Skip to main content

Verified by Psychology Today


Keeping Kids Front and Center During Separation and Divorce

Putting your children ahead of your emotions has big payoffs for you and them.

Key points

  • Many parents aren’t aware of their distractions or the effect of their emotional states on their children. 
  • Children who had a supportive home environment during family restructuring will be more resilient.
  • Caring for their own physical, psychological, and spiritual health helps parents provide kids needed support.

If you are a parent contemplating divorce, in the divorce process, or post-divorce, one of your biggest challenges is parenting.

First, adjusting to solo parenting and a shared parenting schedule takes time and is emotional. At the same time, you are processing your own emotions from your marriage, separation, and divorce. Many parents are so overwhelmed by their divorce experience that they find it difficult to focus on their children. You may be distracted by internal shifts of feelings, crushing worries, guilt, sadness, or anger. If this is you, know that this is not unusual, especially early in the divorce process. But many parents aren’t aware of their distractions or the effect of their emotional states on their children.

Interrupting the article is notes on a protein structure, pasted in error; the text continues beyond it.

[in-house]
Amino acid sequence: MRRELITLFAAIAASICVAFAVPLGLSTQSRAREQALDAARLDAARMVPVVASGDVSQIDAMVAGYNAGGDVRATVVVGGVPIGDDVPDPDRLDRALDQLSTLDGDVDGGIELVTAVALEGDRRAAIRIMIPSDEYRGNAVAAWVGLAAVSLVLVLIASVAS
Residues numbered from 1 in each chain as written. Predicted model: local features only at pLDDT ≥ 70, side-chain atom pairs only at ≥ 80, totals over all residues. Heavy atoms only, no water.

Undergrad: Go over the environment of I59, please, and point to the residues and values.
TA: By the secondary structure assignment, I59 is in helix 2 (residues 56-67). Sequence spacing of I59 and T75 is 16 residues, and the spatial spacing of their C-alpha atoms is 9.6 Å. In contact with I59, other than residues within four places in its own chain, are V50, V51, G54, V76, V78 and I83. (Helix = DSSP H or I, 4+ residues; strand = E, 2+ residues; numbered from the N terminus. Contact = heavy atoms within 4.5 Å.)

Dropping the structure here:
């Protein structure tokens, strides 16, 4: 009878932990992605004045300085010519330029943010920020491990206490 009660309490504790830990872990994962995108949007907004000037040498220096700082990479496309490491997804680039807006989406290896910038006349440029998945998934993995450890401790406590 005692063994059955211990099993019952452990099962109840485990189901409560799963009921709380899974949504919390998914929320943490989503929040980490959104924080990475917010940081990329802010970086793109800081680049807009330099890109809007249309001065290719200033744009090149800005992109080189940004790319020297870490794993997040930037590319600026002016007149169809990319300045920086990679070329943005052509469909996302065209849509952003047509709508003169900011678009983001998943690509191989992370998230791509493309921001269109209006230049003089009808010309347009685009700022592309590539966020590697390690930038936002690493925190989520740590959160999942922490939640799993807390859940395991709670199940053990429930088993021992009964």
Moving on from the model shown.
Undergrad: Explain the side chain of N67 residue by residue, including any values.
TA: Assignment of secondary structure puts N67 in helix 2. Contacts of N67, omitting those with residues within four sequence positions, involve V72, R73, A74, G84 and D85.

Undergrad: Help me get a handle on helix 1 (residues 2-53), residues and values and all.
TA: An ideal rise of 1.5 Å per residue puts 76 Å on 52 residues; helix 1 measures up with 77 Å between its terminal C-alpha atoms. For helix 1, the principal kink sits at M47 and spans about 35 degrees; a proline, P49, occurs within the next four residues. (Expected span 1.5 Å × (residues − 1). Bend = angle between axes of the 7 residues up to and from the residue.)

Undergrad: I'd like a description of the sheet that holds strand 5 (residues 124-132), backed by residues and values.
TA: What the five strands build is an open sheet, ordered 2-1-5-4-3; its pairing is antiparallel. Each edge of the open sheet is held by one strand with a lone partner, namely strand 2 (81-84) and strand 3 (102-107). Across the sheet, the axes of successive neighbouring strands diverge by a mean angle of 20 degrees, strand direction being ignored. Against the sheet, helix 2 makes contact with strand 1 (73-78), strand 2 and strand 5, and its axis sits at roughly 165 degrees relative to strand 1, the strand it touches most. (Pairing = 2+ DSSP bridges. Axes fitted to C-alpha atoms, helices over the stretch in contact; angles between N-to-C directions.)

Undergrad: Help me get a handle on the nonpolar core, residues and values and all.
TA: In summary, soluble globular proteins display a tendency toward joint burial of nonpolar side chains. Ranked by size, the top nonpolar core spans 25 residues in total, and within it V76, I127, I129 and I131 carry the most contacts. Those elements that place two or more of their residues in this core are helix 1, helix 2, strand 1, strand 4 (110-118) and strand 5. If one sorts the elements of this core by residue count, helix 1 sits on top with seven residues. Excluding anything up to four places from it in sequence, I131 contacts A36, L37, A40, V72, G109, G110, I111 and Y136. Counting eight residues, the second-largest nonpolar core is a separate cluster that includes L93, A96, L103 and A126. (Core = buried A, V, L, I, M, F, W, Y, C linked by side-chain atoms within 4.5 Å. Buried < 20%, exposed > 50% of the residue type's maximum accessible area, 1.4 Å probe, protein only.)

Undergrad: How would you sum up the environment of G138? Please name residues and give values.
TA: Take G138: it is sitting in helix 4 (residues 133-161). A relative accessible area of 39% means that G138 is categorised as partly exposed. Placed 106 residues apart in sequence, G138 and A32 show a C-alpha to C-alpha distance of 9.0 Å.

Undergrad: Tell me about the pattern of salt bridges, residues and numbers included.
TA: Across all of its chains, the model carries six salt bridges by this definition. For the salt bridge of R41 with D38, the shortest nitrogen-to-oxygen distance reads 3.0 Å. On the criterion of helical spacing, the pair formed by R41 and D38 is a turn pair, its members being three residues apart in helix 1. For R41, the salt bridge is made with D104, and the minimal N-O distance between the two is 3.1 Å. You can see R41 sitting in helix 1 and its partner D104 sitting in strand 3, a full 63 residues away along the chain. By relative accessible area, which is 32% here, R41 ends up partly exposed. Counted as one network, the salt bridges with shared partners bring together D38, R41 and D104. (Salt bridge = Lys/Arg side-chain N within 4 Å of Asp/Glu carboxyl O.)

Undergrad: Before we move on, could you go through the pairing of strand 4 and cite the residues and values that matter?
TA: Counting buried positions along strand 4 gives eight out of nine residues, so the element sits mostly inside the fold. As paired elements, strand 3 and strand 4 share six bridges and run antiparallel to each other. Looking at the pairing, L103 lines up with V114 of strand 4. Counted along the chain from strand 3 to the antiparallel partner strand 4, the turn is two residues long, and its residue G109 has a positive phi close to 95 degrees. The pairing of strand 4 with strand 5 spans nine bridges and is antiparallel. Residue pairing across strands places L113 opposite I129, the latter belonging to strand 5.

Prioritizing Your Children Is Crucial

Prioritizing your children is crucial during these difficult months (and years) to ensure the healthy emotional development of your children. Here are some tips to remind you of your children’s needs:

  1. You and your ex should commit to open and honest communication with each other. Schedule regular times to share your observations of the children’s needs, feelings, or behaviors. This reassures your kids that you may be divorced but you are still parenting together. You and your ex should work together as you make decisions about schedules, parenting, or any major life changes (a move, remarriage, etc.).
  2. Create a written co-parenting plan, with the help of a co-parenting therapist if discussions are difficult. Read more about what to include in a parenting plan here. Making many of the important decisions included in the plan will reduce or prevent future parental conflict. Remember that it is parental conflict that damages the children most. Find constructive ways to manage disagreements. Seek professional mediation, collaborative divorce, or counseling for help in resolving conflicts.